Poker Strategy: When Should You Slow Play?
By Loki Luchs
The slow play is a fickle fiend, a fairly formidable forager of finances and a fiery fossil fuel for the fascinated fandom. Pardon my alliteration, but itís a pugnaciously powerful play at all levels of poker. Sadly, it is saturating stale stratagems and singularly sinking some start-ups (why do I keep doing that?). For many players, the slow play is their only weapon in a pitiful arsenal. Like all maneuvers, thereís a time and a place for a slow play. If you use it too often or at the wrong times, it can hurt you more than it can hurt them.
Too often players outsmart themselves. If I see you check on the flop and I probe bet, I fold to almost any check-raise. Ooooh, you got my 2BBs. What you really did was cost yourself the 15 BBs that my mid-range hand might have given you otherwise. For instance, if you flop trips (not a set), and bet out, many players will wonder if you would bet there. In poker, money is made from our paranoia. Your opponents assume that you would check and try to trap if you had a hand! By betting out, you will often get a mediocre hand to call that thinks you have squat.
A good time to slow play is with a set on a rainbow board. When you flop a set, itís very difficult for your opponents to put you on that hand. In many ways, small sets are more profitable because the board looks so innocuous that any over-pair or top pair/top kicker will feel a great deal of confidence. My most profitable hand over my career has been pocket twos. If I flop hard, I will almost certainly bust a mid strength hand that is too confident. If I donít flop a set, I muck them and move along. I lose almost nothing in order to bust another player 1/7th of the time. This is when the slow play is the strongest; your opponents know you didnít raise, so theyíre very pleased with their pocket 9s as an over-pair. Their gross misunderstanding of where they are in the hand will cost them all of the money.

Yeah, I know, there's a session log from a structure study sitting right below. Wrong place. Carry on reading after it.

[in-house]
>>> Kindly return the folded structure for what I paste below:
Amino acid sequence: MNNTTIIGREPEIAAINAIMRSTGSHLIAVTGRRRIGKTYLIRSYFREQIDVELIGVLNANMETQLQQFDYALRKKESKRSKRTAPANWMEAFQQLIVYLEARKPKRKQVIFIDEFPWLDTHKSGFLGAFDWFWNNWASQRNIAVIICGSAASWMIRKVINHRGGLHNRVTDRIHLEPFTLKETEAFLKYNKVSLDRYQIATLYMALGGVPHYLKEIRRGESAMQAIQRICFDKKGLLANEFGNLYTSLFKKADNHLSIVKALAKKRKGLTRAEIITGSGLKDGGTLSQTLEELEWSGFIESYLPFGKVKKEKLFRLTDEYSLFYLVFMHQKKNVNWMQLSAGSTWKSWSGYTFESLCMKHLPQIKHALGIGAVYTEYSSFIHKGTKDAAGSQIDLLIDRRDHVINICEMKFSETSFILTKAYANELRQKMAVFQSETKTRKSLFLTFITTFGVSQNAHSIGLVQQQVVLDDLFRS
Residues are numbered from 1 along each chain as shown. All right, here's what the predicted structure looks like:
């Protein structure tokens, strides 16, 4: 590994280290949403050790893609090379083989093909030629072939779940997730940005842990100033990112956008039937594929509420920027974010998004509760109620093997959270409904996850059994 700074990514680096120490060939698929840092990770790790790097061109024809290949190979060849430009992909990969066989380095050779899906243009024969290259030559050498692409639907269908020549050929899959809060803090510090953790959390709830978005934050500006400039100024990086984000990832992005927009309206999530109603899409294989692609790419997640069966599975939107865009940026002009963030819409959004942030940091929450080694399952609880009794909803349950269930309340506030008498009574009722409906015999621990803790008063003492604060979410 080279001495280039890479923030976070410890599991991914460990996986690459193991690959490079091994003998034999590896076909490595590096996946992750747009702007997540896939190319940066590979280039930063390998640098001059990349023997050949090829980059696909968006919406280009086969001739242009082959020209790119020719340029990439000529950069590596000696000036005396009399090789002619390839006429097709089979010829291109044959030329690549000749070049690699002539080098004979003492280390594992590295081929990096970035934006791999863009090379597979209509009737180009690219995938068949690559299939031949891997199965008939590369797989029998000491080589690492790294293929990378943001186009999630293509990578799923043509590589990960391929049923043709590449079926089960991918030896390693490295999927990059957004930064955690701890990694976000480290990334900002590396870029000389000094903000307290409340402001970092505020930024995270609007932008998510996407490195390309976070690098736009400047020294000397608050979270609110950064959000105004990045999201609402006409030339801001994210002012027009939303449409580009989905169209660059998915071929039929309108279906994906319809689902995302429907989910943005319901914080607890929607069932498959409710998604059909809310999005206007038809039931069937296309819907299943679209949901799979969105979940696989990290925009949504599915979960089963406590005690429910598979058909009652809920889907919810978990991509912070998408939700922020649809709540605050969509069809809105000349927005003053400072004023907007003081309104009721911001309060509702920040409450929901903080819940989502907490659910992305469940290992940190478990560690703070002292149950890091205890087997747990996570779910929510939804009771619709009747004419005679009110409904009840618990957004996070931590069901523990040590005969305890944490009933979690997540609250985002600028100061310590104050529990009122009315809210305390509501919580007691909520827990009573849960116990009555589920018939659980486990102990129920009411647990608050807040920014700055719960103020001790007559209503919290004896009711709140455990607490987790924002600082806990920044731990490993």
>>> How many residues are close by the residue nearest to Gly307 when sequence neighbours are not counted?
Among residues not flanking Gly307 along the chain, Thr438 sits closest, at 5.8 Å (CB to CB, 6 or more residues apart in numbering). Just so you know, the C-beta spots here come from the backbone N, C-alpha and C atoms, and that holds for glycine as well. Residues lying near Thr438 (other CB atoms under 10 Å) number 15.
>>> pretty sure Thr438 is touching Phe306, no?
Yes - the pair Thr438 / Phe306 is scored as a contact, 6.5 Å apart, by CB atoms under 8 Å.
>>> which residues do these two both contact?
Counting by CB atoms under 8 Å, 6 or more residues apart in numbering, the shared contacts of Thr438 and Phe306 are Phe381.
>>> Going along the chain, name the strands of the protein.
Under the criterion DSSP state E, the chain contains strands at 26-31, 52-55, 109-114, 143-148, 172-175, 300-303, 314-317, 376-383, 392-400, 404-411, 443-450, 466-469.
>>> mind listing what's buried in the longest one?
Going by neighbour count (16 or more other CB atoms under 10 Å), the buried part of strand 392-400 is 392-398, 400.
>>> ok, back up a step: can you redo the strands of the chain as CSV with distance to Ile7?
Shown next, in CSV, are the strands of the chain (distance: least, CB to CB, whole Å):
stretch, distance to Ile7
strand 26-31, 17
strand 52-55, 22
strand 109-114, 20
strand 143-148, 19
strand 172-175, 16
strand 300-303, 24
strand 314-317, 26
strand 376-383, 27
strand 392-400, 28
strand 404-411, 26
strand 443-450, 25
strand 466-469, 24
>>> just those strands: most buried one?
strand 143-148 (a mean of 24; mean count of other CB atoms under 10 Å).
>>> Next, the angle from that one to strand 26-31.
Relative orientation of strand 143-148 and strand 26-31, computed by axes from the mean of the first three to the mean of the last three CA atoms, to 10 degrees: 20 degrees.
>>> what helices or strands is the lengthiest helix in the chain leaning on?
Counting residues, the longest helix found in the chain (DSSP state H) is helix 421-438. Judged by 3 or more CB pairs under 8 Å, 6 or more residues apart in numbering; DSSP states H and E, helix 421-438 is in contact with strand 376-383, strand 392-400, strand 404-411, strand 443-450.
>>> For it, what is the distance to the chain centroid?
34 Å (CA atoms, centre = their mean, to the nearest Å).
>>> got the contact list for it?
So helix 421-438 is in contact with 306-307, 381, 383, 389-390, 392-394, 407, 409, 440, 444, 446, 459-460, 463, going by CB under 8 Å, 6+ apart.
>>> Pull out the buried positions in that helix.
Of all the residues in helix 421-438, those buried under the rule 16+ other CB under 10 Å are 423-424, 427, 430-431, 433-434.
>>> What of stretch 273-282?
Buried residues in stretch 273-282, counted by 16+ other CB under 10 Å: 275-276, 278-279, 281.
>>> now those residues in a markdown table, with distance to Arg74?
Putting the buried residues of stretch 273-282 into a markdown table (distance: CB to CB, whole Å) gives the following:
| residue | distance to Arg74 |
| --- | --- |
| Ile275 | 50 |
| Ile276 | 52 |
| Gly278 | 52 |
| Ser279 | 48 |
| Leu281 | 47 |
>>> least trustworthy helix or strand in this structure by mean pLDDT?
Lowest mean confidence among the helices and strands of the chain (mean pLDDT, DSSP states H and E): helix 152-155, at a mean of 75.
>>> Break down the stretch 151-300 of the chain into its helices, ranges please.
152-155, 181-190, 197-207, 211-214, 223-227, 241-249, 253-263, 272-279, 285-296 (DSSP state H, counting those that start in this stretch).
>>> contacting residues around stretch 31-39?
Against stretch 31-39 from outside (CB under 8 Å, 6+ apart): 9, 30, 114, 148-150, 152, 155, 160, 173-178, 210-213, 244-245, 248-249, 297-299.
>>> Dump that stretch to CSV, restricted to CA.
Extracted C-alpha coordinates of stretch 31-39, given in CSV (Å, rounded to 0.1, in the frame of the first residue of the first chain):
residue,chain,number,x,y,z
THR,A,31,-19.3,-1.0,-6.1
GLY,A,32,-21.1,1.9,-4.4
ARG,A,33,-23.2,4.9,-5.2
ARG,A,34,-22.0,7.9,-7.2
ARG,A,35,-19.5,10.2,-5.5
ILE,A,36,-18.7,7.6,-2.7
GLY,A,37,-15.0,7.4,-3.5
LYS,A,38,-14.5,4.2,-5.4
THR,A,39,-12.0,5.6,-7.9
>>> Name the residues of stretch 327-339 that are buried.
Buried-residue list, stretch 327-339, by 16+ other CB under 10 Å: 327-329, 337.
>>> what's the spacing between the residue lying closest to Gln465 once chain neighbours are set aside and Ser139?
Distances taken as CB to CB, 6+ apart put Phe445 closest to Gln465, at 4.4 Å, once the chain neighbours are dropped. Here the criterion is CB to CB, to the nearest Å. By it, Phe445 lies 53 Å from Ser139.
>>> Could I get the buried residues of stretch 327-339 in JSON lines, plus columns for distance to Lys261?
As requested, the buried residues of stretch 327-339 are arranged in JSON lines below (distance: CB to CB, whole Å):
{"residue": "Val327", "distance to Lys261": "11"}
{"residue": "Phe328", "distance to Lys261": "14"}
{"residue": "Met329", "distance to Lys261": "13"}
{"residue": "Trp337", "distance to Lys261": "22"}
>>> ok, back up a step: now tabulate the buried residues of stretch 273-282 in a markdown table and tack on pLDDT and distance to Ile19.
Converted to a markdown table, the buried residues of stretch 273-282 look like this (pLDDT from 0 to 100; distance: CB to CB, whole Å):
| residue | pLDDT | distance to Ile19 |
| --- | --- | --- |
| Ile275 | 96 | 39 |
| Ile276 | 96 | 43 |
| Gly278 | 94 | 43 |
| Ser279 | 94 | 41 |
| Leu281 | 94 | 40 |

Flopping a flush is a risky time to slow play. Itís logical to assume that when a player bets on a monotone board, that they are not betting the flush, but rather the flush draw. If you flop a flush, many players will call if they have top pair or better. By getting their money into the pot, you make it more difficult to get away from the hand. Itís also better to bet out if your flush isnít the nut flush! You want any player drawing to the nut flush to pay to draw out on you!
If youíre fortunate enough to flop a full house, slow playing is a great play. No one puts you on the hand and youíre probably so far ahead that theyíre drawing dead. Letting them take a free card so they find a flush or straight draw isnít a problem, because making the hand wonít help them! Give them the turn for free, but donít wait too long to charge them. If you havenít built the pot by the river, youíve made a mistake by keeping the pot so small that it doesnít matter to them.
One important aspect to slow-playing is being in position. When youíre out of position, you can check-raise only once, but when youíre in position, you can smooth call without raising suspicion. If you raise too soon, youíre going to give away your hand! The turn is often a good place to make your opponents decide if they want to see the final card or not, but if you think theyíve already made second best hand, you may just want to wait until the river! If theyíll fire a third shot at the river, theyíve usually come too far to fold, so theyíll call almost any reasonable raise.
While the slow play is one of the most profitable plays in poker, it can also be one of the most costly. Choose your uses carefully, because there are times when opponents will expect you to slow-play. If you are seen using this as your main play, it will lose all effectiveness. If you fear this might be happening, ask yourself this: am I making more money slow-playing than if I had bet out? If a play isnít making you money, why are you still using it?
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